Perfectly Soft Sugar Cookies

1 cup butter
2 cups sugar
2 eggs
3 tsp. vanilla
1 cup sour cream
1 tsp. salt
2 tsp. baking soda
5 ½ cups flour

Preheat oven to 375 degrees.

  1. In mixer, cream butter and sugar, and then add eggs and vanilla. Add sour cream.
  2. In separate bowl combine salt, baking soda, and flour, then add to mixture.
  3. Roll out on floured surface to about  1/4 to 1/3 inch thick. ** see Notes
  4. Use a spatula to carefully slide under each cookie and place onto greased or parchment-lined cookie sheets.
  5. Bake for 7-8 minutes.  THEY WILL NOT LOOK DONE!  But don’t give in to your temptation to cook “just a little bit longer” or you will get crunchy cookies instead of soft, pillow-like cookies. If you have a golden brown color along the edges then you have baked them too long.
  6. Wait about 5 minutes and then transfer carefully to a cooling rack. If you wait longer they will get soggy on the bottom and sometimes get stuck to the parchment paper. Once they are cooled they are ready for frosting

Here is a simple buttercream frosting:

1/2 cup butter, softened
4 cups powdered sugar
2 tsp. vanilla
1/4-1/3 cup milk

**Notes and images for rolling out dough taken from glorioustreats.blogspot.com

ImageThese are paint stir sticks (available for free from the paint department of any hardware store). There is a product on the market called Perfection sticks, which are sticks that usually come in a set of a couple different thicknesses. They are designed to help you roll out the dough in a nice even thickness. Since I don’t own Perfection sticks, I just glued two paint stir sticks together, which makes about the perfect thickness for sugar cookies. (So you need 4 sticks total, since you need a double thick stick for each side of your dough.) If I want the dough a bit thinner, I just roll out the dough to the thickness of the sticks, then remove the sticks and roll just a bit thinner.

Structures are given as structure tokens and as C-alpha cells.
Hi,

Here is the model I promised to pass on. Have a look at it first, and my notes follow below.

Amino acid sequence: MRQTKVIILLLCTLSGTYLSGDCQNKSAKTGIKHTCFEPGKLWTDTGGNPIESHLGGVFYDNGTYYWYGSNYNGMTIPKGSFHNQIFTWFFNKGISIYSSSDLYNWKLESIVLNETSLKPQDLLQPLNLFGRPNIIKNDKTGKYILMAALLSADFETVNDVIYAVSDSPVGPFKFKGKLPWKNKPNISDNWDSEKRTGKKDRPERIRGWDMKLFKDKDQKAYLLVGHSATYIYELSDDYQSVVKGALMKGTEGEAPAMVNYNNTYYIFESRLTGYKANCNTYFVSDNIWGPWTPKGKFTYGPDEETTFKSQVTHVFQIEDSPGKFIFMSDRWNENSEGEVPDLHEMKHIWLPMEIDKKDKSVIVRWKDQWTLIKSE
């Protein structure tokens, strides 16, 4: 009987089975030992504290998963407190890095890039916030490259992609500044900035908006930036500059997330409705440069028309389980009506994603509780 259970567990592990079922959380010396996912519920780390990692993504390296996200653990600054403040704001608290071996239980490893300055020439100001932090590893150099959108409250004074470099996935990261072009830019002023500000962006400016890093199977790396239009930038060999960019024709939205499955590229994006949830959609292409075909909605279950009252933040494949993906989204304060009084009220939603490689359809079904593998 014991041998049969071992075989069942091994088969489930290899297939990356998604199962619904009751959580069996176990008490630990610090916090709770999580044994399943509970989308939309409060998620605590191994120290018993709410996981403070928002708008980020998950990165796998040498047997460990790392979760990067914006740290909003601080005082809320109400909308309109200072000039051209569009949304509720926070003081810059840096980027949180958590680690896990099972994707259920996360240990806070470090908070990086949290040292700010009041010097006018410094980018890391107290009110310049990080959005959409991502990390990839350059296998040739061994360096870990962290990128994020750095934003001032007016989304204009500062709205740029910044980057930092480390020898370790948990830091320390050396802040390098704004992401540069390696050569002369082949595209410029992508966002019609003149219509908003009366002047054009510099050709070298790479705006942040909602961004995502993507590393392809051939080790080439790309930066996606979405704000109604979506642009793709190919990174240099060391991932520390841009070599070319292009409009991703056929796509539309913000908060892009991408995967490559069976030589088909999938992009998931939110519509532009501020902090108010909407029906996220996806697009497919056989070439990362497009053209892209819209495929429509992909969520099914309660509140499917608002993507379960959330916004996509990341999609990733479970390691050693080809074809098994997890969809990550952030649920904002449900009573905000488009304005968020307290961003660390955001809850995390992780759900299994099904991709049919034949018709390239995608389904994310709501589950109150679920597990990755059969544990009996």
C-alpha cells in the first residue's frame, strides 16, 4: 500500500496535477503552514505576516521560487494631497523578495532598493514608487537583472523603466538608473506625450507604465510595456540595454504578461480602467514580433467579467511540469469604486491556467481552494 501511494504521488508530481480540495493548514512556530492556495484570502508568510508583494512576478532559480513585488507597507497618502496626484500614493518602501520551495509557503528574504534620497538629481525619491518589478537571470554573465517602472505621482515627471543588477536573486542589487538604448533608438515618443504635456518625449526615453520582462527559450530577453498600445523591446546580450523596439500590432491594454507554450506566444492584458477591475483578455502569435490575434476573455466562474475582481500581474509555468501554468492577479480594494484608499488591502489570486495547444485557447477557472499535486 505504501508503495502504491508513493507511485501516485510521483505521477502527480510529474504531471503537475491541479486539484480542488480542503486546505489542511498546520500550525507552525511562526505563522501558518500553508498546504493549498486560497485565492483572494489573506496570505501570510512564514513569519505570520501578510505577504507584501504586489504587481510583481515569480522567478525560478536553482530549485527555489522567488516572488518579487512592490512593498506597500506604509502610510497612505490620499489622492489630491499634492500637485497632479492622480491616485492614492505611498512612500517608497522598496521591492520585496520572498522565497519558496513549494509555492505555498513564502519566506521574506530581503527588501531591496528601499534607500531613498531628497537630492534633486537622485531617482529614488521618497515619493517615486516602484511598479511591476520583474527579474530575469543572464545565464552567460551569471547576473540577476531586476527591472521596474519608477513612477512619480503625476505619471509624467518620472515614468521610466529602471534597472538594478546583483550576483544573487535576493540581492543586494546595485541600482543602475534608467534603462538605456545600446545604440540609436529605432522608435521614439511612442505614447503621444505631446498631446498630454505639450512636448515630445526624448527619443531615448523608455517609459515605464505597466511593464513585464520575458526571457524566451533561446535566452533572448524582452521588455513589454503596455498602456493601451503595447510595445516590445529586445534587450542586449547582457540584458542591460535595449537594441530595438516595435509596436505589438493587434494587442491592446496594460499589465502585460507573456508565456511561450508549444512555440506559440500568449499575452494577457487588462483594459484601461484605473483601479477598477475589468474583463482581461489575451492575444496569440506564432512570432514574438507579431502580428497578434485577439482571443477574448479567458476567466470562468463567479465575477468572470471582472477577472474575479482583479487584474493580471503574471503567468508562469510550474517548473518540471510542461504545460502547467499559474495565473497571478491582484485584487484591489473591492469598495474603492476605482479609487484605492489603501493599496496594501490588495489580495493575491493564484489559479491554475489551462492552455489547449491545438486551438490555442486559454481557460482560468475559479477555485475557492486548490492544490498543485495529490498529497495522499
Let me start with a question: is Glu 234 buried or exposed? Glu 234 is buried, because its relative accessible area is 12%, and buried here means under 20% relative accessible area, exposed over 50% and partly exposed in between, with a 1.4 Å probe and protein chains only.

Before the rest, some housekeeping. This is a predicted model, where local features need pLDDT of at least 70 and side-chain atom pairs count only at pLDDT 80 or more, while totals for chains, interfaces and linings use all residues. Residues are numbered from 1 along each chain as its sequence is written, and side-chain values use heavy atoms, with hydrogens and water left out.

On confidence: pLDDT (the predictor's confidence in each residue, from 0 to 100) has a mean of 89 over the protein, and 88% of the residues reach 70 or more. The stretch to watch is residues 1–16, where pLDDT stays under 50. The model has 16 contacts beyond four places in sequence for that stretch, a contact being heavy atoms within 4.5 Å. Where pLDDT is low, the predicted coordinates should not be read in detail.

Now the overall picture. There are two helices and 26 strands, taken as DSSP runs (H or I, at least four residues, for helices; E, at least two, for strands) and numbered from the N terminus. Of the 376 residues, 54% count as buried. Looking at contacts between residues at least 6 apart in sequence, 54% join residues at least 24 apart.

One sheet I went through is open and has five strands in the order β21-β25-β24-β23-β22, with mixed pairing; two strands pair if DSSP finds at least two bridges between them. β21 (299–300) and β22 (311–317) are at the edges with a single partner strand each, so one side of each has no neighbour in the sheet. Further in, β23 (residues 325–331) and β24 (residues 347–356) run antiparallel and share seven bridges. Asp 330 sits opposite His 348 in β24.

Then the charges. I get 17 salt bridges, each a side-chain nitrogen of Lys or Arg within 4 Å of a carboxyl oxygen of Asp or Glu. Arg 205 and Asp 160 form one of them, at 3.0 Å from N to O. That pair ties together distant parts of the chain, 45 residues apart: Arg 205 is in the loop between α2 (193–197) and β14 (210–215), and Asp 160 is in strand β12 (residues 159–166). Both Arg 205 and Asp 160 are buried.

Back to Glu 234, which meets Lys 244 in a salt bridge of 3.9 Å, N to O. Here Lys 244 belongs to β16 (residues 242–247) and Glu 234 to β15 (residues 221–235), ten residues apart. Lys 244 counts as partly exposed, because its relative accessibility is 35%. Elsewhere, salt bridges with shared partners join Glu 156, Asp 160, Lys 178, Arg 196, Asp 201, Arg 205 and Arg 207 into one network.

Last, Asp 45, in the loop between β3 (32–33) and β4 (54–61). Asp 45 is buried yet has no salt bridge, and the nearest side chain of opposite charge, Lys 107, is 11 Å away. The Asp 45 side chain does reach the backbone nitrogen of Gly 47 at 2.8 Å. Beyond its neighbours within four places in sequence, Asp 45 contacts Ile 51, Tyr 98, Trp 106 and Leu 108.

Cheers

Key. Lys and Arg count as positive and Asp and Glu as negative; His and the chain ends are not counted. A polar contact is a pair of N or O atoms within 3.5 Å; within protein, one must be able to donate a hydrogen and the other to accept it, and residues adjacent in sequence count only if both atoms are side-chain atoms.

ImagePlace a piece of parchment paper on top of the dough. This helps you roll out the dough without adding additional flour (adding too much flour can make the dough a bit tough, and can create little pockets of flour in the dough that cause bumps to form on your cookies during baking, making it more difficult to decorate later).

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